• Know the maps you will be placed on and common strategies for each, including choke points, walls, and flanking areas.
  • Micromanage, but be careful not to micromanage too much.
Multiplayer balancing

The StarCraft II developers use myriad tools to help them determine where balancing is needed between races in multiplayer games. Some of these tools are very simple, such as player and professional feedback simply by posting in the forums. More advanced tools include spreadsheets calculating damage per second and damage per shot of each unit and comparing them against opposing units. Some of the most advanced tools include an in-game debugging tool that allows the developers to pit any number of units against another army in the game client to see "real-world" reactions and scenarios, as well as massive mathematical formulas created by the on-staff doctor of mathematics.

Book series

StarCraft II has started to spawn a book series. The first book, Heaven's Devils, will soon be followed by its sequel, Devil's Due.

World of Warcraft

The developers were fairly open about what will ship with Cataclysm, as well as what we are likely to see in upcoming patches throughout the Cataclysm stretch (read my notes about Cataclysm patch 4.0.1).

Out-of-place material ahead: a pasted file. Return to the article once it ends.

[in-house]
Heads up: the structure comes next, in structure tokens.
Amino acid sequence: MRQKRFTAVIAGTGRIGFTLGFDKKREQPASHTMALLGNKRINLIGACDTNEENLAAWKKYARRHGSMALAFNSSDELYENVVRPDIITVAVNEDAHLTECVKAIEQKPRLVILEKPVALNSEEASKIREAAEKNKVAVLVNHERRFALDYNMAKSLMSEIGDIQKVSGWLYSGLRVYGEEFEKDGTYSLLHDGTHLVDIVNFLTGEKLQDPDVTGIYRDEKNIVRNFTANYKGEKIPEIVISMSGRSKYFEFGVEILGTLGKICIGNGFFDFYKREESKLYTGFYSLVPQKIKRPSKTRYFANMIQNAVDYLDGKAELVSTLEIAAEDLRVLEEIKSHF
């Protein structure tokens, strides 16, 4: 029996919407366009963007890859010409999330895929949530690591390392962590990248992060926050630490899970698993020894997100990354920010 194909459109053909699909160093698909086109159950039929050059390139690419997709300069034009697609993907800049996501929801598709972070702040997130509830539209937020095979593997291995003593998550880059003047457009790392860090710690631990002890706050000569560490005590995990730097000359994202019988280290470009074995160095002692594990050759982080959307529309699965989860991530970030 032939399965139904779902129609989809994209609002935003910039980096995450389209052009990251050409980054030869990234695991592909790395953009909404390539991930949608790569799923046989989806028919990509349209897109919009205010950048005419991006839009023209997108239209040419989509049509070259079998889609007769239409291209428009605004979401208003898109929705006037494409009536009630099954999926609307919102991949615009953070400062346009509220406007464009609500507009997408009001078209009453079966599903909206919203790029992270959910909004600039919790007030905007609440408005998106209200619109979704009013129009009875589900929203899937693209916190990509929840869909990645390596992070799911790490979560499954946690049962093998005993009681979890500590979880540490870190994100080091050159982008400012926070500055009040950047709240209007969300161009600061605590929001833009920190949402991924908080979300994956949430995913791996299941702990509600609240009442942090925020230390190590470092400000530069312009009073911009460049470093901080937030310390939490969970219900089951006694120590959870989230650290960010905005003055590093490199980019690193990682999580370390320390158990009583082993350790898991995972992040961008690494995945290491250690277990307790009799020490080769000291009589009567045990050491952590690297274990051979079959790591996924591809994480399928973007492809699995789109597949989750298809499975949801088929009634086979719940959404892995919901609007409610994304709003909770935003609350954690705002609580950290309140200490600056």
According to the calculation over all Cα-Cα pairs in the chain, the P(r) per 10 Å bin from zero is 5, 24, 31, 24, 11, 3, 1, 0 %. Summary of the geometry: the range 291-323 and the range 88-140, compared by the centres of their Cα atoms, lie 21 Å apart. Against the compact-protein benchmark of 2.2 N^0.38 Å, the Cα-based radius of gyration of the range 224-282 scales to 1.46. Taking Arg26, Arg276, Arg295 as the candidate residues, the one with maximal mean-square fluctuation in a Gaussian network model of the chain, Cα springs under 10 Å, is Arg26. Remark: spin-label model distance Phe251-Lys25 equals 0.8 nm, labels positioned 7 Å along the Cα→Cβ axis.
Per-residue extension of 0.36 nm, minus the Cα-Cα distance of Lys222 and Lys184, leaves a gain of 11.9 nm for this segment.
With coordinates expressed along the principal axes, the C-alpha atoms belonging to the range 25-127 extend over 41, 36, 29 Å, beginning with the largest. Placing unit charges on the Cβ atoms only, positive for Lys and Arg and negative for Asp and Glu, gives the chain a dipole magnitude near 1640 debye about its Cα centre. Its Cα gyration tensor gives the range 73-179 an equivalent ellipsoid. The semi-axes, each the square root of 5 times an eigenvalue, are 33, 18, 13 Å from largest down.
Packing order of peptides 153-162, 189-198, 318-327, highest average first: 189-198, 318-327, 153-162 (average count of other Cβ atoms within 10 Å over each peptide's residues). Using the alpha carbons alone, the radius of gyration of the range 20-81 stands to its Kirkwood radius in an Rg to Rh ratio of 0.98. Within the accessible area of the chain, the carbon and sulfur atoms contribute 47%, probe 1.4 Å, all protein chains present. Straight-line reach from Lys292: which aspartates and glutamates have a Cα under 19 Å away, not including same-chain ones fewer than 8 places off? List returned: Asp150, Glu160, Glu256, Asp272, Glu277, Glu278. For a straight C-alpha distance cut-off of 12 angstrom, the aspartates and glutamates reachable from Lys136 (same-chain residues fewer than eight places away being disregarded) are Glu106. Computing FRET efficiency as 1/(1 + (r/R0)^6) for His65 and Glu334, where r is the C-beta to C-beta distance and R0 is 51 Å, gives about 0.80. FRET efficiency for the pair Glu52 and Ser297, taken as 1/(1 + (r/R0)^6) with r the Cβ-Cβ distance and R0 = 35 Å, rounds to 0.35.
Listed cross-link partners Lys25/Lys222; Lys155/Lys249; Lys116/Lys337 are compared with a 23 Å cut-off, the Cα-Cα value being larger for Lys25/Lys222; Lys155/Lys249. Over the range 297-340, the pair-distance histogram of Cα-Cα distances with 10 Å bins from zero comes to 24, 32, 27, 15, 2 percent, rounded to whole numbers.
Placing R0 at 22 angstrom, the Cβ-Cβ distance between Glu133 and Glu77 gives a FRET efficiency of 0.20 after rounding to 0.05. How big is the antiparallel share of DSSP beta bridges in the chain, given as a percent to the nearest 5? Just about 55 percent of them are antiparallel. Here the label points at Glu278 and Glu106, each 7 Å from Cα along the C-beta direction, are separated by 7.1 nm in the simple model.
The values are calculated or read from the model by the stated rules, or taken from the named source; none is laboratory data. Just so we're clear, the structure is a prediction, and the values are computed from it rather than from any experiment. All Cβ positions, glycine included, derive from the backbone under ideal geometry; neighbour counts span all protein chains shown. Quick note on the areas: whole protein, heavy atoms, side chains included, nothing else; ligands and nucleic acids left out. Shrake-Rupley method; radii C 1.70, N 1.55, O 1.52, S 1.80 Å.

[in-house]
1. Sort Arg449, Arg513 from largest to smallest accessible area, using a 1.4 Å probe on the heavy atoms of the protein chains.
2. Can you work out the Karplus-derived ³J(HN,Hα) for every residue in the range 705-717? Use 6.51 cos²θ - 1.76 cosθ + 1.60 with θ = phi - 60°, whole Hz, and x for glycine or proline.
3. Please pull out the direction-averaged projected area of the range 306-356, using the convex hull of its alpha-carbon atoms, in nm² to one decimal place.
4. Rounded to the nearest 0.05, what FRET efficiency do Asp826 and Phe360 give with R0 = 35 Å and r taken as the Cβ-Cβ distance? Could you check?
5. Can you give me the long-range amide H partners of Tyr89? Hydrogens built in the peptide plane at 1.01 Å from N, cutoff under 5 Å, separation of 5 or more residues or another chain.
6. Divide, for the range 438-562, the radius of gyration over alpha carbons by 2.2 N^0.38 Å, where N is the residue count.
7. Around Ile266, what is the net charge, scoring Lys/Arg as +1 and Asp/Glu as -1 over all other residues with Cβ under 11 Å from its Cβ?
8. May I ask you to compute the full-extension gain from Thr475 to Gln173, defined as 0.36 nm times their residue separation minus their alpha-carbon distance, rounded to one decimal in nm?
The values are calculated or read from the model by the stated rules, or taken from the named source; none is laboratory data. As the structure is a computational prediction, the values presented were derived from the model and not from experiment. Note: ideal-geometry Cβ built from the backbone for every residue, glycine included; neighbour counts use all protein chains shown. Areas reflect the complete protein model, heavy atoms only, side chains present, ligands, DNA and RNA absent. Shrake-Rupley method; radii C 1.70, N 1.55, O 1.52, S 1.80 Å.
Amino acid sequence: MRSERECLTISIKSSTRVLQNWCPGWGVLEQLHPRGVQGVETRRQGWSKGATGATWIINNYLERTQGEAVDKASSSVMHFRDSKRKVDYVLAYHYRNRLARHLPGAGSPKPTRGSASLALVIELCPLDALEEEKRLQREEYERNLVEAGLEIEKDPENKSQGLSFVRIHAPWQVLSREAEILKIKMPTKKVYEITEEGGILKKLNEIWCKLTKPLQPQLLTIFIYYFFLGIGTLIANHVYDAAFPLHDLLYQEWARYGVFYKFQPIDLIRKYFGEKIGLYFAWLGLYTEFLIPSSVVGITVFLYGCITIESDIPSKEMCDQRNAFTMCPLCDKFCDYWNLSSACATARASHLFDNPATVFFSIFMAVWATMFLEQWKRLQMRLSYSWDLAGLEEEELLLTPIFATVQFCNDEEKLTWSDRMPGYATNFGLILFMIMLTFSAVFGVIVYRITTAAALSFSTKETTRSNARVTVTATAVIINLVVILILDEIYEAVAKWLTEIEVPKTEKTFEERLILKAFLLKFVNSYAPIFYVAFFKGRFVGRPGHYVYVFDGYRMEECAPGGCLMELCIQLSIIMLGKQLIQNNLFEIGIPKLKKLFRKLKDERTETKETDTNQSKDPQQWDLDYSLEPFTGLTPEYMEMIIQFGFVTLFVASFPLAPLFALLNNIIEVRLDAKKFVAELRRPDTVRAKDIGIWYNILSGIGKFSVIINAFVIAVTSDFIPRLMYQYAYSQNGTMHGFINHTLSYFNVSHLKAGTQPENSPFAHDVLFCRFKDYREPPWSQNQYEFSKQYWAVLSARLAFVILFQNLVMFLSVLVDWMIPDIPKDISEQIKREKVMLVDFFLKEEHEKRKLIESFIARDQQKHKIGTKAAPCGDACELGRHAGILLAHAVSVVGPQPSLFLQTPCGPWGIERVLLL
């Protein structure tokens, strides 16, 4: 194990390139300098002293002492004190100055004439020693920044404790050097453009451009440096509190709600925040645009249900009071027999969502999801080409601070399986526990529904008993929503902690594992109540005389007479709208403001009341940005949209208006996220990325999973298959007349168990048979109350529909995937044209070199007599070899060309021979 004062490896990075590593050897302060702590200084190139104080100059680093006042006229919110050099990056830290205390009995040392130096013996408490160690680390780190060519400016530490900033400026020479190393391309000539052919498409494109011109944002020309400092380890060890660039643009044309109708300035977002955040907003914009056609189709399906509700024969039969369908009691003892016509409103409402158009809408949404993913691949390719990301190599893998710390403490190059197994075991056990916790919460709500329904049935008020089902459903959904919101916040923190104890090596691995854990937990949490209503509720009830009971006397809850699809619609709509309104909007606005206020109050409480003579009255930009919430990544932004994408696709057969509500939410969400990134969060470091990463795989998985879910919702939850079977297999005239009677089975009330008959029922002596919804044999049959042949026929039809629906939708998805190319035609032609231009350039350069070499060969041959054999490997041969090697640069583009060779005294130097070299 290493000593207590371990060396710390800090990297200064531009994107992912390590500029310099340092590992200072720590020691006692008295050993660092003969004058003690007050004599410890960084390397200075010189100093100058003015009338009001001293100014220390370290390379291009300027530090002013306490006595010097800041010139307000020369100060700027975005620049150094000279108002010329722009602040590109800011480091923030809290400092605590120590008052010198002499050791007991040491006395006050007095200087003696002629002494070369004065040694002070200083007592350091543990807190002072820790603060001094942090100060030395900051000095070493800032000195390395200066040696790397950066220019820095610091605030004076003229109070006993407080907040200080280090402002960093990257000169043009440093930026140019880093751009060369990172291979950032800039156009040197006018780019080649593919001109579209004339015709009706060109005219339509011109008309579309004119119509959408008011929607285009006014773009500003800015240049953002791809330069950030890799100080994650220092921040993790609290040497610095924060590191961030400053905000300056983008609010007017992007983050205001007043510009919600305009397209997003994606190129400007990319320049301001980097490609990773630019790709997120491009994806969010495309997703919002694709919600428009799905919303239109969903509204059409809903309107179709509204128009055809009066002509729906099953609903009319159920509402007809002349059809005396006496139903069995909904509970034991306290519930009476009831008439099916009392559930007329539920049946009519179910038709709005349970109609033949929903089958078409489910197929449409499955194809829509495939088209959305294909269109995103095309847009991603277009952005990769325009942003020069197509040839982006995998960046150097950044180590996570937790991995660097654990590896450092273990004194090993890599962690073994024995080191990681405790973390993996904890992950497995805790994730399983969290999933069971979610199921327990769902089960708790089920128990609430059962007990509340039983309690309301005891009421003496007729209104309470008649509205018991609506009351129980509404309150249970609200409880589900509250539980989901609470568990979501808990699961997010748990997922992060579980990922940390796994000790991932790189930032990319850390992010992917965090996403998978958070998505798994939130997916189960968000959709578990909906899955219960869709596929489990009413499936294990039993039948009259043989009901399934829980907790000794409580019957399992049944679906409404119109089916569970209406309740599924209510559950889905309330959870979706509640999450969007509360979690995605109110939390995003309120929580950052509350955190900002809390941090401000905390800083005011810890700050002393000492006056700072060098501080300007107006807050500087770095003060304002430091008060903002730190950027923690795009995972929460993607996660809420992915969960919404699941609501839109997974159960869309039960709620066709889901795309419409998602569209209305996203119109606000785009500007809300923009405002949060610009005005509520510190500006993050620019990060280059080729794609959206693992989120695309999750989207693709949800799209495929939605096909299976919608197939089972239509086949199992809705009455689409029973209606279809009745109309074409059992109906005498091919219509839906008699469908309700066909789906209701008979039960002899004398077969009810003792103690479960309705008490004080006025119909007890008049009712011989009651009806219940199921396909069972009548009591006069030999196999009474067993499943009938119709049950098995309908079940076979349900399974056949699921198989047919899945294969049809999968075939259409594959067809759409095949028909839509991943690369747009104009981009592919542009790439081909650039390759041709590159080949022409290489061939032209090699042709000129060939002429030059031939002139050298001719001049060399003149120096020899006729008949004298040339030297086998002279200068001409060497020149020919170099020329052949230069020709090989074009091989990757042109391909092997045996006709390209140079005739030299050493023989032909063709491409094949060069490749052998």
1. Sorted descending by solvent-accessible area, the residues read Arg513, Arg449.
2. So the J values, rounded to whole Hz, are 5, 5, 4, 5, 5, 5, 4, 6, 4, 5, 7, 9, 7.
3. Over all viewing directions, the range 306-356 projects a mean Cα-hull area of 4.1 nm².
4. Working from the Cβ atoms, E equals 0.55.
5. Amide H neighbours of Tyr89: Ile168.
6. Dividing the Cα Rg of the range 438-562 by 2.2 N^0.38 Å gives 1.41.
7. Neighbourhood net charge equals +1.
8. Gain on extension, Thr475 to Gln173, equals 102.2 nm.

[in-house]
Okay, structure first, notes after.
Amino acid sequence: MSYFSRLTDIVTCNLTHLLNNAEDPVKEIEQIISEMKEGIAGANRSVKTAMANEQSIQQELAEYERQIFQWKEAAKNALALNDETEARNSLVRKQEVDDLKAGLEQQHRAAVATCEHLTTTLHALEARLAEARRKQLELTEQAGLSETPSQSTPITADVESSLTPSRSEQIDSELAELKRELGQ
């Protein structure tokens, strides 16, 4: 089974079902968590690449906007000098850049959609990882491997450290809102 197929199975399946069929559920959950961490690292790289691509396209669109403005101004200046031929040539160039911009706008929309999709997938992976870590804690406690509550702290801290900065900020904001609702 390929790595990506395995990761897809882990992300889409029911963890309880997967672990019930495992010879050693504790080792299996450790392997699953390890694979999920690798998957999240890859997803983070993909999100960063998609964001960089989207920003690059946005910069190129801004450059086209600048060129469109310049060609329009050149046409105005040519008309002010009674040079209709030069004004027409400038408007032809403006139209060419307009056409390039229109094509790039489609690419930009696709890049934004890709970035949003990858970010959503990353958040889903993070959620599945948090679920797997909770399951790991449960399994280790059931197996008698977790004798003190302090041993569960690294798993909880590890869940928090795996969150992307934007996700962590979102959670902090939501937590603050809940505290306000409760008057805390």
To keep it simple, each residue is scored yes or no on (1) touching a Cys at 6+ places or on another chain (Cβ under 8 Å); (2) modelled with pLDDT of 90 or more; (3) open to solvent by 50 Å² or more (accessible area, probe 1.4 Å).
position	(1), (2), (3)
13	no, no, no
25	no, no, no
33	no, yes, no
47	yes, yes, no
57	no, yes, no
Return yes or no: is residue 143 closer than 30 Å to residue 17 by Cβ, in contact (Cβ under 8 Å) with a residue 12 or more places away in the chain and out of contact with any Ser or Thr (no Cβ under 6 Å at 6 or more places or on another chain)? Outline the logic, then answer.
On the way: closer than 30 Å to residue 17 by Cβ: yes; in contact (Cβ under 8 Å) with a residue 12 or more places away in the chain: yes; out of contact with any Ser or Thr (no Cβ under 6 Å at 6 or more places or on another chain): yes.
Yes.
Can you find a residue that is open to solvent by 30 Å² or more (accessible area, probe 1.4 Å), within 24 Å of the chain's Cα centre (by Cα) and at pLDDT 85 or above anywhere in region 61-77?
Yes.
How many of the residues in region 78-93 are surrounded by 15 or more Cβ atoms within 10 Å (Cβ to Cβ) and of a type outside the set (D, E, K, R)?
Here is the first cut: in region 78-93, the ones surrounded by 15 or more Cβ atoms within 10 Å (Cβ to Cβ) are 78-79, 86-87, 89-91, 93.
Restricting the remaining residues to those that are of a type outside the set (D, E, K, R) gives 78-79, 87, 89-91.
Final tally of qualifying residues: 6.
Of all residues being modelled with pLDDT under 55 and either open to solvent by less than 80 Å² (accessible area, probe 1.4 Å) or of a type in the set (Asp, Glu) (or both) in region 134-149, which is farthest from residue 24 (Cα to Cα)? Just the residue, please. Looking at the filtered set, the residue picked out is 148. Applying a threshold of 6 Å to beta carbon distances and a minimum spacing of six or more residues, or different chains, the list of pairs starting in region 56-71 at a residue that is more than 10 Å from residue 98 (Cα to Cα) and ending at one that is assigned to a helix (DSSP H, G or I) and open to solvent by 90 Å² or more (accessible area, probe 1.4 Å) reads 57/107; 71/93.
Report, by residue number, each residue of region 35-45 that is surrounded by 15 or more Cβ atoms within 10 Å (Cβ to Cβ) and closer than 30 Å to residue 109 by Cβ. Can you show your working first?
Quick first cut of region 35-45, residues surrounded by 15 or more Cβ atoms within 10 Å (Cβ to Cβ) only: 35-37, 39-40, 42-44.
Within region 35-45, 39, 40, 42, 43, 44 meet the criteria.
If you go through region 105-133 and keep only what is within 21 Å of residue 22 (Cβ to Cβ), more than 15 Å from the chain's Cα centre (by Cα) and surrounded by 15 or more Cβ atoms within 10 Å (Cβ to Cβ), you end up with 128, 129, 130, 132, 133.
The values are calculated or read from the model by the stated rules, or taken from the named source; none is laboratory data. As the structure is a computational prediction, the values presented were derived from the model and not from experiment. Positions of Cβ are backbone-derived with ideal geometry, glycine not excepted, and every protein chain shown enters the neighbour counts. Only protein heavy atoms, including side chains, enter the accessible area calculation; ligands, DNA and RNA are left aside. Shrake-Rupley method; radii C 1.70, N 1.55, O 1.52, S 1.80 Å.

Cataclysm patch 4.0.3

Cataclysm will contain more raid zones in its newly shipped state than in the previous expansions. Since Blizzard has reduced the number of levels that players have to travel through to get there from the current maximum level of 80, they replaced that leveling content with raiding content. These new raids will have cooler encounters, featuring the need to move around on separate platforms to the need to wrangle worms to sneaking by a blind, sleeping dragon. The raids will be in small enough chunks that they can be completed in one raid night, which will help with raid scheduling in smaller, or less hardcore, guilds. The new raid lockout system for normal difficulty raids will also help groups to customize their raiding by allowing for interchangeable 10- and 25-man raids on a per-boss basis. This "raid state" is linkable in chat, allowing raid leaders to easily find a pick-up player that is able to join at the current raid position.